Good Samaritan Hospital rebuts ‘unfounded claims’ on COVID-19 safety protocols

Hospital says claims are ‘unfounded’ and stem from misinformation and prejudice of hidden and political agendas

The Good Samaritan Hospital said that their facility is newly built and licensed to function as a hospital according to article 98 of the Medical and Kindred Professions Ordinance
The Good Samaritan Hospital said that their facility is newly built and licensed to function as a hospital according to article 98 of the Medical and Kindred Professions Ordinance

The Good Samaritan Hospital has rebutted “unfounded claims” that it was putting patients at risk, after Oppositions MPs alleged the hospital was not observing COVID-19 safety protoocls.

Hospital owner Louis Buhagiar, the former Labour MP, accused the MPs of “misinformation and prejudice by people who have hidden or political agendas.”

Buhagiar said his hospital had done an “excellent job”. “The least we expect, however, is that we do not also have to alleviate unfounded concerns among the elderly at GSH and their families which stem from misinformation and prejudice by people who have hidden or political agendas. It is only serving to fuel further anxiety among the affected elderly and their families,” he said in a statement.

The private hospital was contracted by the government to house coronavirus patients transferred from homes for the elderly. The hospital is run by the owners of St Thomas Hospital.

On Thursday, Nationalist MPs Maria Deguara and Stephen Spiteri clalimed the hospital was putting patients’ lives at risk because they were not observing COVID-19 safety protocols and were not equipped to handle COVID-19 patients.

“These reports are unfortunately based on recycled misinformation and are intended to alarm the public and patient’s relatives unnecessarily. It is a pity that at such a crucial juncture a good initiative intended to support the national health service and the elderly in particular, has now been shrouded in disingenuous news,” the hospital said in response.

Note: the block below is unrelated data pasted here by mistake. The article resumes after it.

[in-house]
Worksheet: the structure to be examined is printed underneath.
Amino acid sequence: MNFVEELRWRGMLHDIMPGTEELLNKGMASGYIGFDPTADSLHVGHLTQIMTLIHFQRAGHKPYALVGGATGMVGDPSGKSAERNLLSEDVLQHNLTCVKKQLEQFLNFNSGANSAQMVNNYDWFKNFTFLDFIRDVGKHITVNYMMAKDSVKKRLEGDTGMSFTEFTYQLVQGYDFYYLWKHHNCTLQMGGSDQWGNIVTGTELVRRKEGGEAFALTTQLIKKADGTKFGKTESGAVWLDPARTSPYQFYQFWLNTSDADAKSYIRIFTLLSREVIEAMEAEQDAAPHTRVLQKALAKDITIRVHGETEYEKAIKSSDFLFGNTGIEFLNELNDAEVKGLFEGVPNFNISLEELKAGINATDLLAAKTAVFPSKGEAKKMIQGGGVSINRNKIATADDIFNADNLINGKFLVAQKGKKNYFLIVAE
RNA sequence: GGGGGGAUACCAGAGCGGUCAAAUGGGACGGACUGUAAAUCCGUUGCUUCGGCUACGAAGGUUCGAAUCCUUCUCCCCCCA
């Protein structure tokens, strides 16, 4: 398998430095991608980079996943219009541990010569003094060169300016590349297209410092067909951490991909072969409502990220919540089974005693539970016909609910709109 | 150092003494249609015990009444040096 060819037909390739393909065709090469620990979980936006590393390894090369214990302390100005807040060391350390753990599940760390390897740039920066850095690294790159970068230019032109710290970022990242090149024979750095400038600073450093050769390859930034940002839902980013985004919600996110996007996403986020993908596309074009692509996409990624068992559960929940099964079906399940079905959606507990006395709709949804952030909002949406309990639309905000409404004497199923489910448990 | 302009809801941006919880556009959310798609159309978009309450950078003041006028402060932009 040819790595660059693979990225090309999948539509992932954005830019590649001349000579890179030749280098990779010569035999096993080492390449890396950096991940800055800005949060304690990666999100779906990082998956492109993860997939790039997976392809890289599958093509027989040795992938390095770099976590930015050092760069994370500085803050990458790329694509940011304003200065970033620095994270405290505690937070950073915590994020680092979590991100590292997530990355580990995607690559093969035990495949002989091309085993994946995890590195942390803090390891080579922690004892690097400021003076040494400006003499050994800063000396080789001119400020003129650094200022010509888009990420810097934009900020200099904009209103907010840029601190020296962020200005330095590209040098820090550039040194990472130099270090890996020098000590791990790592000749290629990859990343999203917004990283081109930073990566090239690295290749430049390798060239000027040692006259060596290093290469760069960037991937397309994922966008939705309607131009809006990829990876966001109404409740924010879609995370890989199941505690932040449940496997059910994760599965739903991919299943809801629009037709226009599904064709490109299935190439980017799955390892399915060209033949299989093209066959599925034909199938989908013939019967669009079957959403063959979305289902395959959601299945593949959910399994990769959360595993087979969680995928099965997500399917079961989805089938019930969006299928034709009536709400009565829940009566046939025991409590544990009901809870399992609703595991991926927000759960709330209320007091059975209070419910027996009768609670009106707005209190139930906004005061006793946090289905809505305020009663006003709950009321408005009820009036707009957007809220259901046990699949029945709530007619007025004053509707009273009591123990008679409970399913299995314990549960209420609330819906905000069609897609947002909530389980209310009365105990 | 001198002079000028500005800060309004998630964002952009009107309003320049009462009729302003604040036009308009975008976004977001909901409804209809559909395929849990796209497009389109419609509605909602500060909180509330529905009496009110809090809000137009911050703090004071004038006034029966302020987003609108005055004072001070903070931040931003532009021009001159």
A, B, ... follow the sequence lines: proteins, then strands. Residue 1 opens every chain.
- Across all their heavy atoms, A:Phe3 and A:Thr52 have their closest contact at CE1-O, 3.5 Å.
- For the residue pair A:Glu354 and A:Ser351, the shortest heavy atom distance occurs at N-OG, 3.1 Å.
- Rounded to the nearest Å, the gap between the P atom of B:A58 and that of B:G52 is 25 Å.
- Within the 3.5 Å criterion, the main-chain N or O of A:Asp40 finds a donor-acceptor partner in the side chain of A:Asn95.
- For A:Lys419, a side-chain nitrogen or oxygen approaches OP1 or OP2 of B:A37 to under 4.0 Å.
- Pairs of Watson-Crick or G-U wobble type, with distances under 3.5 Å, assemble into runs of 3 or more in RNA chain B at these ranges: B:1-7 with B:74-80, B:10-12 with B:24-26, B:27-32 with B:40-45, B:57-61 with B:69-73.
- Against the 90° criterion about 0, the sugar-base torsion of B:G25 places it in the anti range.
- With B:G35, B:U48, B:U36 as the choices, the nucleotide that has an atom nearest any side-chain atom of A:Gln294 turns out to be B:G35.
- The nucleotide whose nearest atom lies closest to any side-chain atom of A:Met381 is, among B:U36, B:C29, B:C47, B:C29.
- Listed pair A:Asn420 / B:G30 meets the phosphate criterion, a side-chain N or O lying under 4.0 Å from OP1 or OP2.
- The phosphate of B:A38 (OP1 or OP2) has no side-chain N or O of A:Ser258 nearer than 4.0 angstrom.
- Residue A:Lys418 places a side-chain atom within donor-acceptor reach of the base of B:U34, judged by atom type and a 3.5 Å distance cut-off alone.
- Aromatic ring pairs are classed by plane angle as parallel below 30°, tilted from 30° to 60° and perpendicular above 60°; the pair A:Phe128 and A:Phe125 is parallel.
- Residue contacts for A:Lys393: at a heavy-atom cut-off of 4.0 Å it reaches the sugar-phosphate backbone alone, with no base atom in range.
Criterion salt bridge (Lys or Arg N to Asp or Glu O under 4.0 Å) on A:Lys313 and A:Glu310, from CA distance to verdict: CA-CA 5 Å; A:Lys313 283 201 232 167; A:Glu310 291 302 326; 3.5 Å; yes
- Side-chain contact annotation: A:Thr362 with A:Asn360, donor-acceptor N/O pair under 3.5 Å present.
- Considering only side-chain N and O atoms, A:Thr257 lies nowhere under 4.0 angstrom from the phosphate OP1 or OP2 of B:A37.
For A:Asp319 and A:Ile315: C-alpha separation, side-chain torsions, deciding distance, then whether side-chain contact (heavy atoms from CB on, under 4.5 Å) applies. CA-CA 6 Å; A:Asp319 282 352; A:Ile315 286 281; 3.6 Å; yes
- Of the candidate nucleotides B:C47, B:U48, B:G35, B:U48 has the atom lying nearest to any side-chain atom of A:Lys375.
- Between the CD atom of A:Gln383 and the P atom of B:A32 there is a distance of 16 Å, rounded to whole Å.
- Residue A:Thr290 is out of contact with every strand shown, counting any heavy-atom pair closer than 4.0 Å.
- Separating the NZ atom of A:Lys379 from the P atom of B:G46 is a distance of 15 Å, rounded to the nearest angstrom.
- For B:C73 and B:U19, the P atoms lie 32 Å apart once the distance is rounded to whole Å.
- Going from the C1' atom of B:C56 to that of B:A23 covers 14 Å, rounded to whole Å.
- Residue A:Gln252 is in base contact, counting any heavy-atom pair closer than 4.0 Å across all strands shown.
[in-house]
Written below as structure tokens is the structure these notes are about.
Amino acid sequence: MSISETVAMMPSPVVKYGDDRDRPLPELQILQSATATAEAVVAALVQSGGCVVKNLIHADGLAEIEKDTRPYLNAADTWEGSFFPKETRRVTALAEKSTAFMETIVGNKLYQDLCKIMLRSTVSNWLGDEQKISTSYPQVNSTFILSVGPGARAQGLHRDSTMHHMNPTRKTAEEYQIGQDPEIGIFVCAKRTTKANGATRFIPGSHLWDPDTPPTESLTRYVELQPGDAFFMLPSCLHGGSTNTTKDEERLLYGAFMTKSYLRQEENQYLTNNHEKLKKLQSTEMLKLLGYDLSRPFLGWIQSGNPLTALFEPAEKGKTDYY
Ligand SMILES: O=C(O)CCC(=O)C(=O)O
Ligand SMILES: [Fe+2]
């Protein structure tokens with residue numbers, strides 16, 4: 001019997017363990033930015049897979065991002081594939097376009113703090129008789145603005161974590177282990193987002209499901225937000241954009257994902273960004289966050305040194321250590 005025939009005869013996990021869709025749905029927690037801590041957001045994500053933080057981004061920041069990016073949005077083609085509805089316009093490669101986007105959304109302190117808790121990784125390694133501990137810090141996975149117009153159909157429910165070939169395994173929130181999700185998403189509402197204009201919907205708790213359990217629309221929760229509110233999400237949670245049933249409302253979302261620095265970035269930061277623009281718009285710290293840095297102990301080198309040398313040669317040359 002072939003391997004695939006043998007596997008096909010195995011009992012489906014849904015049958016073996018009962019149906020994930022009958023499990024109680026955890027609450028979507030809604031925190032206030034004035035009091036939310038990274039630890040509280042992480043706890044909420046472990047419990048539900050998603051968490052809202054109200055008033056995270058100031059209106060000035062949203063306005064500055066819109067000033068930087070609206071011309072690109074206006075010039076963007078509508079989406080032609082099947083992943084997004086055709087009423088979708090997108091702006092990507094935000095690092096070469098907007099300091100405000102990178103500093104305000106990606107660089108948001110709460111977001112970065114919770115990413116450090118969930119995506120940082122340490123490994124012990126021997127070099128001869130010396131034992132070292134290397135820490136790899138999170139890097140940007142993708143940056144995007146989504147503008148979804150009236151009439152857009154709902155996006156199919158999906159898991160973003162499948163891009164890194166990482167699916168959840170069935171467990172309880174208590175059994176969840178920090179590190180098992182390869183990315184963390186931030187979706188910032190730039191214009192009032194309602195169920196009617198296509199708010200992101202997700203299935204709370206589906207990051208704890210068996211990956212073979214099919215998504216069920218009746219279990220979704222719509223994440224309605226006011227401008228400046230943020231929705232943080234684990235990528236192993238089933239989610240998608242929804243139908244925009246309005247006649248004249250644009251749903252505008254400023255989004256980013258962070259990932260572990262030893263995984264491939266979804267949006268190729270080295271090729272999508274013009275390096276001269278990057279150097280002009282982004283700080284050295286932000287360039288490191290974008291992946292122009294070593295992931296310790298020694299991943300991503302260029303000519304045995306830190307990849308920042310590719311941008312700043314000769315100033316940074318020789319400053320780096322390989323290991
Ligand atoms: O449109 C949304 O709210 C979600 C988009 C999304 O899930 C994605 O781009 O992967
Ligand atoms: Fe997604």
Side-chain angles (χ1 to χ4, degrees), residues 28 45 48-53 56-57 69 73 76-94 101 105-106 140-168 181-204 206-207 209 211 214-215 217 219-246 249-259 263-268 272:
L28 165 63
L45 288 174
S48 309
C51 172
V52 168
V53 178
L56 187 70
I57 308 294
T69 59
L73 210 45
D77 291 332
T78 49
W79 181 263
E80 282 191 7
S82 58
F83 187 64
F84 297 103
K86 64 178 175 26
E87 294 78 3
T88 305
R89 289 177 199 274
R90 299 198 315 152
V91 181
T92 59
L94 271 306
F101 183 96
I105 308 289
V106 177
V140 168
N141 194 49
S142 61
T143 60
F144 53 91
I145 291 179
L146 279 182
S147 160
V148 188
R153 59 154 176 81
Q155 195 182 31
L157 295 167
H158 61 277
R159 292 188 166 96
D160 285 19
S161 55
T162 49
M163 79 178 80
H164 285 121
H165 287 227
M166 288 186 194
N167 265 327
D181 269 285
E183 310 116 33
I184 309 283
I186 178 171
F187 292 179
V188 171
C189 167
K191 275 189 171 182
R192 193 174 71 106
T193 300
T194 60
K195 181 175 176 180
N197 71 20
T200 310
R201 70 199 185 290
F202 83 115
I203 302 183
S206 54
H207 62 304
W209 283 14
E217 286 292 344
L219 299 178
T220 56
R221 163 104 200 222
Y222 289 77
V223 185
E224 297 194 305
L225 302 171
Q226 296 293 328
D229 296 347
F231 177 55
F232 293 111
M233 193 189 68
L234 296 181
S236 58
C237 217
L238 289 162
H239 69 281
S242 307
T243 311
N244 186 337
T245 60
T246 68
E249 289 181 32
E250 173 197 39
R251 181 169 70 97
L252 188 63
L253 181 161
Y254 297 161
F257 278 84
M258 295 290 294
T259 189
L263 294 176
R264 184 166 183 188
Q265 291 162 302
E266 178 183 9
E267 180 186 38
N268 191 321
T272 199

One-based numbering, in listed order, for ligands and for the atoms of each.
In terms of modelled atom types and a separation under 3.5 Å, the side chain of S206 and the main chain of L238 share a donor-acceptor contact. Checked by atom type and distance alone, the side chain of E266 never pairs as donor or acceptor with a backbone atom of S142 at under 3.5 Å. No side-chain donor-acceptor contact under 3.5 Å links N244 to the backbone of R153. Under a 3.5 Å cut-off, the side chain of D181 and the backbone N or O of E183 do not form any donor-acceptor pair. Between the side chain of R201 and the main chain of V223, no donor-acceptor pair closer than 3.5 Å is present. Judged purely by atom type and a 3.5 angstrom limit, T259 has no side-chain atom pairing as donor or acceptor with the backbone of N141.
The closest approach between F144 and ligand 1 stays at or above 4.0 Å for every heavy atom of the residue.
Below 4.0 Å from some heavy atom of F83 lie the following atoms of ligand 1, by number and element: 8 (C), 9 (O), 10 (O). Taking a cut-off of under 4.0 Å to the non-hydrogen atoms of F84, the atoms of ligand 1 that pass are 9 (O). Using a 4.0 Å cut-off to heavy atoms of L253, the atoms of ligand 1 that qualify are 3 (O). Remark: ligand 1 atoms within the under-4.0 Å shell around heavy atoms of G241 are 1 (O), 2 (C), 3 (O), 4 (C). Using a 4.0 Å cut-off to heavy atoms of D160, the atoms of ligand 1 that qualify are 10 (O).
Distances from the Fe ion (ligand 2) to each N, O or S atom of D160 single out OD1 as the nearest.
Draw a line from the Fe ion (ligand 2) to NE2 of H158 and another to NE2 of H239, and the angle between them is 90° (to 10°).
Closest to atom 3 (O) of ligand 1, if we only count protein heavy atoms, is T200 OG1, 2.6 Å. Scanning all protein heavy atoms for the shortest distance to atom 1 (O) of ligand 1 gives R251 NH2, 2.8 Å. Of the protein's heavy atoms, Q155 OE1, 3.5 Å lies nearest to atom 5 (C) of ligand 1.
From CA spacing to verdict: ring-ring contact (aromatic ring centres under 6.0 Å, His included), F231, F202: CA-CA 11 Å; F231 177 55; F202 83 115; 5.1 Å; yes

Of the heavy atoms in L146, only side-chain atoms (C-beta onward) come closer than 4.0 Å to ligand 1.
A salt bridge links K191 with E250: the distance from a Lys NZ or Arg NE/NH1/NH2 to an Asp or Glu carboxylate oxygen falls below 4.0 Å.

The Good Samaritan Hospital said Malta was achieving “relative success” in containing the spread of COVID-19 in relation to other European countries.

It said the worst period of the pandemic in terms of transmissibility also coincided with flu season, which meant trying to make available as many hospital beds as possible.  

“Case in point, the Good Samaritan Hospital has been contracted by the government along with other facilities, for this purpose: to isolate elderly patients who test positive for Covid-19 in care homes and Mater Dei Hospital in order to care for them and minimise the risk of contagion,” they said.

However, the contract between the Good Samaritan and the health authorities is not public. The hospital pointed out that until recently positive patients were being left in close proximity to healthy elderly residents in care homes resulting in undesired consequences.

“Over the last month, GSH has cared for 160 COVID-19 patients. More than half have recovered and have since returned to their respective homes.”

The hospital said that contrary to claims, all shared rooms range from 22.5 to 29 square meters excluding bathrooms, which are all wheelchair accessible. This was in response to criticism that rooms were too small, and beds were not adequately spaced out to ensure social distancing.  

“At our practice, there are daily ward rounds manned by very dedicated consultant geriatricians, doctors’ nurses and carers who, contrary to what is being alleged, have never experienced any shortage of monitoring or supporting equipment. When patients do require more complex care such as intensive therapy, they are promptly transferred to Mater Dei Hospital. We never purported to offer critical care services,” the hospital said.

More in National